Tuesday, November 20, 2007
Typical "20 to 20" response curves
You see a lot of curves shown so the response looks fairly flat. Here is one of them. I see that the numbers are a little hard to read. The bright vertical bar on the right corresponds to 10kHz. As you can see, both mics tend to drop off a bit after that point. There are other ups and downs at the lower end of the spectrum too. What we are looking at is the compared response curves of the Proscenium vs a Cardioid microphone. The red curve is the Proscenium, our most rolled off mic, and the blue is the cardioid. (more about that) (even more about that) The point of this post, however, is to show the "typical" Y axis steps, which are compressed. We have in our printed specifications chosen to "uncompress" them a little, in order to show the detail as we see it. That makes the mics look even less "flat". But it doesn't change their sound.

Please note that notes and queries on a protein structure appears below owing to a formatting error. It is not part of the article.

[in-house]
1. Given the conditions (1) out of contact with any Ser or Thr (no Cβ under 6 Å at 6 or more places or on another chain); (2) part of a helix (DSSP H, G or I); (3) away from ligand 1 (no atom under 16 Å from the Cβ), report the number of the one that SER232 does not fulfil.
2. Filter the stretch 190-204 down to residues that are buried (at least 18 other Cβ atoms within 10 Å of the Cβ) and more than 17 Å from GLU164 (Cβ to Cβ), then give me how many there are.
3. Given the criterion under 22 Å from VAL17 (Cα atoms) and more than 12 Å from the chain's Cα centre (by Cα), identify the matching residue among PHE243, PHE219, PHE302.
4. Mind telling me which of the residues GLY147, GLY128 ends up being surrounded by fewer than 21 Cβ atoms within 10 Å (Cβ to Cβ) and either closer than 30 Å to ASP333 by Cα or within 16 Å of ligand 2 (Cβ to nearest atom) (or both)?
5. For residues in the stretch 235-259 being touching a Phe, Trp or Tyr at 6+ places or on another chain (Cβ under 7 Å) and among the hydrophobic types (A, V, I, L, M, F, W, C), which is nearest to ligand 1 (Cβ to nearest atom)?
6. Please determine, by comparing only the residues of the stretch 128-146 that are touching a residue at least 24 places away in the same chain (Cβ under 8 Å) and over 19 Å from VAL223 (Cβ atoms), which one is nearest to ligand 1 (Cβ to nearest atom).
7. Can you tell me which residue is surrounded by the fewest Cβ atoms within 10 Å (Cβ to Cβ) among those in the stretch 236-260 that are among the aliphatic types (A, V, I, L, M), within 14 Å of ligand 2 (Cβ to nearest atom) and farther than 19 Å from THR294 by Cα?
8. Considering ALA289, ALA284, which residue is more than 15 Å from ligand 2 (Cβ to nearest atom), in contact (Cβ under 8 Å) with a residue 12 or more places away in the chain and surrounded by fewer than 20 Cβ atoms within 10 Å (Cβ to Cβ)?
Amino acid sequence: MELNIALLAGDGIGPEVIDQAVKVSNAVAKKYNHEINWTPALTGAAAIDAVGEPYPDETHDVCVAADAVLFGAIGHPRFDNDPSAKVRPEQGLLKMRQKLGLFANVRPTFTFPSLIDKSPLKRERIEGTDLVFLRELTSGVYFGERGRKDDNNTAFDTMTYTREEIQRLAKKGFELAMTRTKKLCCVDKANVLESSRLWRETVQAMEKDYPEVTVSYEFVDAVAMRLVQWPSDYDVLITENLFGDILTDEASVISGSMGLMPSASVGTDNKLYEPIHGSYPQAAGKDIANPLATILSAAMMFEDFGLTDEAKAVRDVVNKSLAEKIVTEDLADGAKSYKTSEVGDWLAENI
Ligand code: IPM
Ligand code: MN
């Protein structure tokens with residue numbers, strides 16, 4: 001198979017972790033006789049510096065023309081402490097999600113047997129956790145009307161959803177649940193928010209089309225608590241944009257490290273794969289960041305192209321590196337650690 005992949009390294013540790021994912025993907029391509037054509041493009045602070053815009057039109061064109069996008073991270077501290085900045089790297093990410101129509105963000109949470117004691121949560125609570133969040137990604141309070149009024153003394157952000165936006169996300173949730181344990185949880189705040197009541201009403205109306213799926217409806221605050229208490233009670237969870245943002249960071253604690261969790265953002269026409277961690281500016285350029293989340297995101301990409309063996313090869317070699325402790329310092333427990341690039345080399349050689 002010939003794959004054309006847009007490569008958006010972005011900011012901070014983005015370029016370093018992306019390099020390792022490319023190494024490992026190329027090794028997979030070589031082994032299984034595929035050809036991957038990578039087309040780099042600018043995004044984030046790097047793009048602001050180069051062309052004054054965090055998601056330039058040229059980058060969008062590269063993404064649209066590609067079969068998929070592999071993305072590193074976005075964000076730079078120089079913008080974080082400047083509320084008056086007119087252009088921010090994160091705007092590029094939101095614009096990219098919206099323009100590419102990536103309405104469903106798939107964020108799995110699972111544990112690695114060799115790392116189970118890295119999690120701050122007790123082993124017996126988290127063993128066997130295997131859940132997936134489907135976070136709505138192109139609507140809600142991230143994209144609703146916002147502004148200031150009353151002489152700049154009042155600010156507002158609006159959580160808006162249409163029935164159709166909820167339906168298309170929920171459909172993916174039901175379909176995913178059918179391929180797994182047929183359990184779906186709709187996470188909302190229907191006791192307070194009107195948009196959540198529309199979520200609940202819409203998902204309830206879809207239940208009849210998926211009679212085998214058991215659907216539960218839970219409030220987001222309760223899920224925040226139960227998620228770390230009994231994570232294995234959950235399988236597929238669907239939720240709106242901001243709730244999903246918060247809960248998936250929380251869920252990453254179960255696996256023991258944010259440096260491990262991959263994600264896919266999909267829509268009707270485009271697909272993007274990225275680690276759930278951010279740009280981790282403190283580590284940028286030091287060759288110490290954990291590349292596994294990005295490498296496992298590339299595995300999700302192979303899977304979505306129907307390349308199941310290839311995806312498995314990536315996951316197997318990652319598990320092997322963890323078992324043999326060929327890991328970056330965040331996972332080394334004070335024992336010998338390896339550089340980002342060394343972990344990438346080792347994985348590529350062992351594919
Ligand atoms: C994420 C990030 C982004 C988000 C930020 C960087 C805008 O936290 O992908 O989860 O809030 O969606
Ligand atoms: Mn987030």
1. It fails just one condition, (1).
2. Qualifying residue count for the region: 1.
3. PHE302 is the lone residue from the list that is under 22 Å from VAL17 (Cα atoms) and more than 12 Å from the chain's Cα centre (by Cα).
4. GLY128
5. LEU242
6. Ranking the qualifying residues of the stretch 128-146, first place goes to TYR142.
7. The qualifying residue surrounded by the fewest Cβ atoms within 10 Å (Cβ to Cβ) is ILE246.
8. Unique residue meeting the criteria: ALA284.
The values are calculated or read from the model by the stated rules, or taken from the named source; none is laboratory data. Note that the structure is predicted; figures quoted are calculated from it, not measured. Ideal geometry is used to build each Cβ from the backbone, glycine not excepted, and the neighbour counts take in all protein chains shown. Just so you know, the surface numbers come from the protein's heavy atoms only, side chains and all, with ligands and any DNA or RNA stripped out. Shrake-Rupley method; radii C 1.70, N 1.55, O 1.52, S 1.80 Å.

Amplitude and frequency plots tell too little about the way a mic or any transducer sounds. The process of receiving, converting and sending acoustic signals as electrical signals is surprisingly complex, even for the most simple forms of transducers, and
acoustic impedance matching,
electrical contact quality,
and many other factors predominate tone and affect the application of a particular device.
Here is a link to a gearslutz thread relating to this post.
Posted by Bob Crowley at 6:53 PM